Pres. Trump cancels pay raises for most federal employees

Pres. Trump cancels pay raises for most federal employees

Pres. Trump cancels pay raises for most federal employees

Most federal civilian employees won't be getting a pay raise in 2019 following a declaration from President Donald Trump. The raise came as part of a massive $716 billion defense spending bill that Trump signed earlier this month. The budget also proposed bumping military pay by 2.6 percent. The House version of the bill did not include such an increase, and sought reductions to spending on federal pension plans. Trump says he's determined that for 2019 "both across-the-board pay increases and locality pay increases will be set at zero".

"Republicans gave corporations a trillion dollar tax cut and are now cutting pay raises for social workers, janitors, painters, clerical workers, and more".

In his letter, Trump wrote the locality increase in 2019 would average 25.70% and cost the federal government $25 billion. That means the law is adding about $190 billion a year to the deficit.

"We must maintain efforts to put our nation on a fiscally sustainable course, and federal agency budgets can not sustain such increases", Trump wrote in a letter to members of Congress.

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In his official notification letter to Congress, Trump cited his legal authority to halt any pay increases.

Why it does matter: This becomes the latest in a string of battles between Trump and federal employees.

In July, the Trump administration sharply revised upward its deficit estimates compared to the estimates in the budget proposal it sent Congress in February.

It would be the first pay freeze for civilian federal workers since 2011 to 2013, when President Barack Obama instituted a three-year pay freeze as the nation recovered from the recession.

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"President Trump's plan to freeze wages for these patriotic workers next year ignores the fact that they are worse off today financially than they were at the start of the decade", said J. David Cox Sr., national president of the American Federation of Government Employees, which represents some 700,000 federal workers.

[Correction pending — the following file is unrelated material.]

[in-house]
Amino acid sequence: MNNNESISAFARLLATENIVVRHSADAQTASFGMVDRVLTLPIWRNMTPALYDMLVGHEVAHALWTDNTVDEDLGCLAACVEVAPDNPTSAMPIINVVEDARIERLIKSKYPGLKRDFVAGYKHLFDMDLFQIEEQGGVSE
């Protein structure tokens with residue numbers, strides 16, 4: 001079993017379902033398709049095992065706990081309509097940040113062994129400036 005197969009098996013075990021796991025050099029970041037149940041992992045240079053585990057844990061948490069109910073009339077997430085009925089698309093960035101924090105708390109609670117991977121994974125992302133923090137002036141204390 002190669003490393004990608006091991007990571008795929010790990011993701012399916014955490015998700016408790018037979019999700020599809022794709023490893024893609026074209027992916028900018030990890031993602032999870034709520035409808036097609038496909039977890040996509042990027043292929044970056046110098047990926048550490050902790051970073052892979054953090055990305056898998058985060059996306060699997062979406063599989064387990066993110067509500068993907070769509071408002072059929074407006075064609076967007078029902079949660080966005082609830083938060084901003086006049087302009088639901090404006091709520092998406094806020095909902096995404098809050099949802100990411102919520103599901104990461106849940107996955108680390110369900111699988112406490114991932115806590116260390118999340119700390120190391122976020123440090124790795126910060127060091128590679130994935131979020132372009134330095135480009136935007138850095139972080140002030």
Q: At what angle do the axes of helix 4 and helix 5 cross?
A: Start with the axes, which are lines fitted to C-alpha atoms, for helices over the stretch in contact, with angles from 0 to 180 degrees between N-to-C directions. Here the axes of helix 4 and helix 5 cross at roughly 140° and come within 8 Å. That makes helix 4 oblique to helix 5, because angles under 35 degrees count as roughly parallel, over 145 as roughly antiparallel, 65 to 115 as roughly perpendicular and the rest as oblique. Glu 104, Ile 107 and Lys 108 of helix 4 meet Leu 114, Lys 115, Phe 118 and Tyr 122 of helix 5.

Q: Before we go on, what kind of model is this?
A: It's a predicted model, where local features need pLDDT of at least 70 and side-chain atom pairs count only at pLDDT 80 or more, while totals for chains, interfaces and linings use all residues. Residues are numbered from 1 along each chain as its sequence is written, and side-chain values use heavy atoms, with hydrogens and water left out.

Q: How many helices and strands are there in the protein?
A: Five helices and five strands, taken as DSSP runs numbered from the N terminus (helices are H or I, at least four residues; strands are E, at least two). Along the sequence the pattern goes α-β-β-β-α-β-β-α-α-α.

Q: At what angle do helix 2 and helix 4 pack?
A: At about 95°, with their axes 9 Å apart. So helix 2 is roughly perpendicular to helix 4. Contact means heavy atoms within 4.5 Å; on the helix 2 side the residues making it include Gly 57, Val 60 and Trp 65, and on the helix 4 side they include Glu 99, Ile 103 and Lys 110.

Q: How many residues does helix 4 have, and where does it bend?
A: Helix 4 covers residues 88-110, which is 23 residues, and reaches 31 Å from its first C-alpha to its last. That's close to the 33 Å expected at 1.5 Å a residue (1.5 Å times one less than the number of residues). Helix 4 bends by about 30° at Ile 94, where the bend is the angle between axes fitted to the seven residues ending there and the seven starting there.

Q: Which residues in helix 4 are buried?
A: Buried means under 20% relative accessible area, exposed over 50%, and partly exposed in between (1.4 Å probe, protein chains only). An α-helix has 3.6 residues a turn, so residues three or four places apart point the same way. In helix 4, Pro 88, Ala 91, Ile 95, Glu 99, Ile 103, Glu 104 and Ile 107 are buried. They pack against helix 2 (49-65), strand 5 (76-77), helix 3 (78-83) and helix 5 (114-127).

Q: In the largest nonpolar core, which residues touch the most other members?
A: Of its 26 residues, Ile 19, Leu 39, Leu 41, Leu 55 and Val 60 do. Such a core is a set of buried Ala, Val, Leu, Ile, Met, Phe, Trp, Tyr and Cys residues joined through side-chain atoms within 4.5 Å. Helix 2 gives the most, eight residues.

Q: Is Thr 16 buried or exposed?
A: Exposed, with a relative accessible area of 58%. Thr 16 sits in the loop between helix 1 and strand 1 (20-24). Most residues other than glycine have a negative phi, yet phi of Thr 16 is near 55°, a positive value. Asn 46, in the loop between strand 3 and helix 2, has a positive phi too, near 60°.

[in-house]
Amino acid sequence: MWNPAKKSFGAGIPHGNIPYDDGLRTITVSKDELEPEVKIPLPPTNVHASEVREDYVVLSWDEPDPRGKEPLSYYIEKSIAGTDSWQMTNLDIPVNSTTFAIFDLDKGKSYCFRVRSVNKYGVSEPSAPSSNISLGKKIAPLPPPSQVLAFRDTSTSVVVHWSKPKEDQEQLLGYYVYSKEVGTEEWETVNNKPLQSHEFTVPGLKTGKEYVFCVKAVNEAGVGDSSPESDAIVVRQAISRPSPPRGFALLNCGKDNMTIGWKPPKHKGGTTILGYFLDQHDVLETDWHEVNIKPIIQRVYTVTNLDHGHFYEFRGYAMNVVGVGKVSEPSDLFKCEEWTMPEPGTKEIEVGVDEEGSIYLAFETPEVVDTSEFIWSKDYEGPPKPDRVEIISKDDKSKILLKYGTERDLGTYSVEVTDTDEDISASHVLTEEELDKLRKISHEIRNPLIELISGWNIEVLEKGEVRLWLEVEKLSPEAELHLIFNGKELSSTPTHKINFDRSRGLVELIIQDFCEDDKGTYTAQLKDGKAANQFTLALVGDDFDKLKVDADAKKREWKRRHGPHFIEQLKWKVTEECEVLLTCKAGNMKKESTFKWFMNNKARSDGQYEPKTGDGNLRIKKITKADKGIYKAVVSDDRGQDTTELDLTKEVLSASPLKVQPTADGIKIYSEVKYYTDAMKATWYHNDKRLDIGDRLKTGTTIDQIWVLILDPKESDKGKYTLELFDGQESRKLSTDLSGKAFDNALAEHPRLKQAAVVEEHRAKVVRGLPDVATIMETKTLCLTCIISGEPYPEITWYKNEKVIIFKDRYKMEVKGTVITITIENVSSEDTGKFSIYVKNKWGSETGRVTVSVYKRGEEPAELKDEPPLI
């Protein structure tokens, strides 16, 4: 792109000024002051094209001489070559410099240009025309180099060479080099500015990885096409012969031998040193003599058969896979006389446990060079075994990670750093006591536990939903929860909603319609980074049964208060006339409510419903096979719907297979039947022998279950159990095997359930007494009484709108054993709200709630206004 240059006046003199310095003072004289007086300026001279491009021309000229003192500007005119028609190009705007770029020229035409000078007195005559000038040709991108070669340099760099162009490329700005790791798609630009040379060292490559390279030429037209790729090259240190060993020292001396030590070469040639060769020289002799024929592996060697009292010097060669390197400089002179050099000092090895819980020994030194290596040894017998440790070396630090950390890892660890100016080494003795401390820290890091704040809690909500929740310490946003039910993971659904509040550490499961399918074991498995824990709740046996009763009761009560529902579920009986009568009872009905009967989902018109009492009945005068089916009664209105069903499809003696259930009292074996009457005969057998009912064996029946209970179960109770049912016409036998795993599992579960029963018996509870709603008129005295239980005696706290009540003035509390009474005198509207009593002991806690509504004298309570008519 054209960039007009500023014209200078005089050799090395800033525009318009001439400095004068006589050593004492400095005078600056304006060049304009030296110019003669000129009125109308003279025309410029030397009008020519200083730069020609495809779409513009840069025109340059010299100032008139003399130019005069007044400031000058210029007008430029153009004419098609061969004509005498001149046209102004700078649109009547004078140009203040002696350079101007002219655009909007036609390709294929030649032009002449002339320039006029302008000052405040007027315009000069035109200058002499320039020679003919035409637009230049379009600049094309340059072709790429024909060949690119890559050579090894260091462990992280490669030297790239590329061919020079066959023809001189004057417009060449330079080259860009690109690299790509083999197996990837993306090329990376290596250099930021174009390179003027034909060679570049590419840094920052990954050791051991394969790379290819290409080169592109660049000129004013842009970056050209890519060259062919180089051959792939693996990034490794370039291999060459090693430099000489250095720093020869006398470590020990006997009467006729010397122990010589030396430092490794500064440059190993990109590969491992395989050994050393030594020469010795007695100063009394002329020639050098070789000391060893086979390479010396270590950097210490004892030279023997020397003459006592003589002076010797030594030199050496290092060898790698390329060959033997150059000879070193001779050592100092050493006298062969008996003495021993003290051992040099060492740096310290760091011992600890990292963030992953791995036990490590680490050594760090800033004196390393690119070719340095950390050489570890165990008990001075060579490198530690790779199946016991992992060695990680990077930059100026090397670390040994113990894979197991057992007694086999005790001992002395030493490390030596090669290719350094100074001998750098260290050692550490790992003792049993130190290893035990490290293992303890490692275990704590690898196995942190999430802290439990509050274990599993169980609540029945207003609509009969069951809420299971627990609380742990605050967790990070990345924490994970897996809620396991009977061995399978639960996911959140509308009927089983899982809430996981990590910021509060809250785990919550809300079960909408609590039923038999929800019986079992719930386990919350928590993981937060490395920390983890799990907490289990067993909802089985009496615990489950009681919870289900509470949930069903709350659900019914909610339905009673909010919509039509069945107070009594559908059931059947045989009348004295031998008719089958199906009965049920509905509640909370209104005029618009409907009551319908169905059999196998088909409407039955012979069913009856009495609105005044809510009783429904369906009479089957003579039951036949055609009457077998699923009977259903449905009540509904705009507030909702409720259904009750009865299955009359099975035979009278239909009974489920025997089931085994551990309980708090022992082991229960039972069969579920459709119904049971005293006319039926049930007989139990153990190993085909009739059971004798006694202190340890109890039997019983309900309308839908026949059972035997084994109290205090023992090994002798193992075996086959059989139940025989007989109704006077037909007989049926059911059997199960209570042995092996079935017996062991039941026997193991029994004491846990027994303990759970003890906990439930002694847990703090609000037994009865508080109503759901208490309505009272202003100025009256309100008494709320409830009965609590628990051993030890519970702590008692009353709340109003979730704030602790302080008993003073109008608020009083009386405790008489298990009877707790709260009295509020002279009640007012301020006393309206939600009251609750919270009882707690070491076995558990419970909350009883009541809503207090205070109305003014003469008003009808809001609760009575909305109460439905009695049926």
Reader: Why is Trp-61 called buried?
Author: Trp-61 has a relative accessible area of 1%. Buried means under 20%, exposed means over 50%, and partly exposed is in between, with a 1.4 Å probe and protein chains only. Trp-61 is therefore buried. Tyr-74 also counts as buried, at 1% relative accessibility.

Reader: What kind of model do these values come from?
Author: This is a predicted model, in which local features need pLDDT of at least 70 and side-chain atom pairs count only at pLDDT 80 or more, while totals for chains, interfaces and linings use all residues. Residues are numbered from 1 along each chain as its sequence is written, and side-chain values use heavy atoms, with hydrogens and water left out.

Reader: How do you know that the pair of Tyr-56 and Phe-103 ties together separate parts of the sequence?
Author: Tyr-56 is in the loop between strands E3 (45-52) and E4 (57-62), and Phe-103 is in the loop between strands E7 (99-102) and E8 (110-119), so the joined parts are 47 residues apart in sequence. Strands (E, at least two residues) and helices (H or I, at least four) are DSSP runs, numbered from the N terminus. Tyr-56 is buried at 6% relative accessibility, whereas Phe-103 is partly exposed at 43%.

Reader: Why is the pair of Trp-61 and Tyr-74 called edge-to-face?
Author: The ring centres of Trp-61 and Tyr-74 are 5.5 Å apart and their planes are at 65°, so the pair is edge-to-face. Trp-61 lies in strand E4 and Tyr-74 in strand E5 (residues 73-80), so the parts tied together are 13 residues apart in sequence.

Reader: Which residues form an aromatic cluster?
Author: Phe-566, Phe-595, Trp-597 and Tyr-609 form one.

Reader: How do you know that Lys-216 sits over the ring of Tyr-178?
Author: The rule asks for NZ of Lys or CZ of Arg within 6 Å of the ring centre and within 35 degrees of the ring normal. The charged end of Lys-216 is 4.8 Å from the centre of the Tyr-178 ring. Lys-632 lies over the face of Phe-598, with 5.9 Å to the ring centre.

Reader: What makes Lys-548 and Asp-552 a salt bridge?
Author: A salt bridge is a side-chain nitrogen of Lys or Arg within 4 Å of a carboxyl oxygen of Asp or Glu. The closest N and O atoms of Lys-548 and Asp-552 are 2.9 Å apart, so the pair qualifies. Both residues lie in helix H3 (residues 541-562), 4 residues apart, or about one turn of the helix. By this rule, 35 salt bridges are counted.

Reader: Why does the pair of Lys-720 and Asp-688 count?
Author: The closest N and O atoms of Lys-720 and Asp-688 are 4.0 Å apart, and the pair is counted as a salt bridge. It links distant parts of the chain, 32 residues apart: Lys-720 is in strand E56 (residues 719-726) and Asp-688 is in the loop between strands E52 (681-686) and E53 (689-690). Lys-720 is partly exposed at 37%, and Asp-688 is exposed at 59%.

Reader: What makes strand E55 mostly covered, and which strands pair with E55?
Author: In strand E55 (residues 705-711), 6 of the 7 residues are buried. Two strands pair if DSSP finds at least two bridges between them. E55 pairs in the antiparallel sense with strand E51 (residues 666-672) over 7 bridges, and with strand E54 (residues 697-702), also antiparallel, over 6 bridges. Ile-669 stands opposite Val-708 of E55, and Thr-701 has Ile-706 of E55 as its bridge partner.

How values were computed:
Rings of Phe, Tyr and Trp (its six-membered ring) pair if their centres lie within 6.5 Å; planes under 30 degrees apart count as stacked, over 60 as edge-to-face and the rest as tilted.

U.S. District Judge Ketanji Brown Jackson said Trump didn't have the power to force changes to union contracts because they would violate the collective bargaining rights federal employees have under the law. We must maintain efforts to put our Nation on a fiscally sustainable course, and Federal agency budgets can not sustain such increases.

Trump said the pay freeze would not "materially affect" the federal government's ability to recruit qualified workers. "In light of our Nation's fiscal situation, Federal employee pay must be performance-based, and aligned strategically toward recruiting, retaining, and rewarding high-performing Federal employees and those with critical skill sets", Trump said.

In a letter to congressional leaders, the president wrote that locality pay increases would cost $25 billion. In addition, a yearly adjustment of paychecks based on the region of the country where a worker is posted - the "locality pay increase" - was due to take effect.

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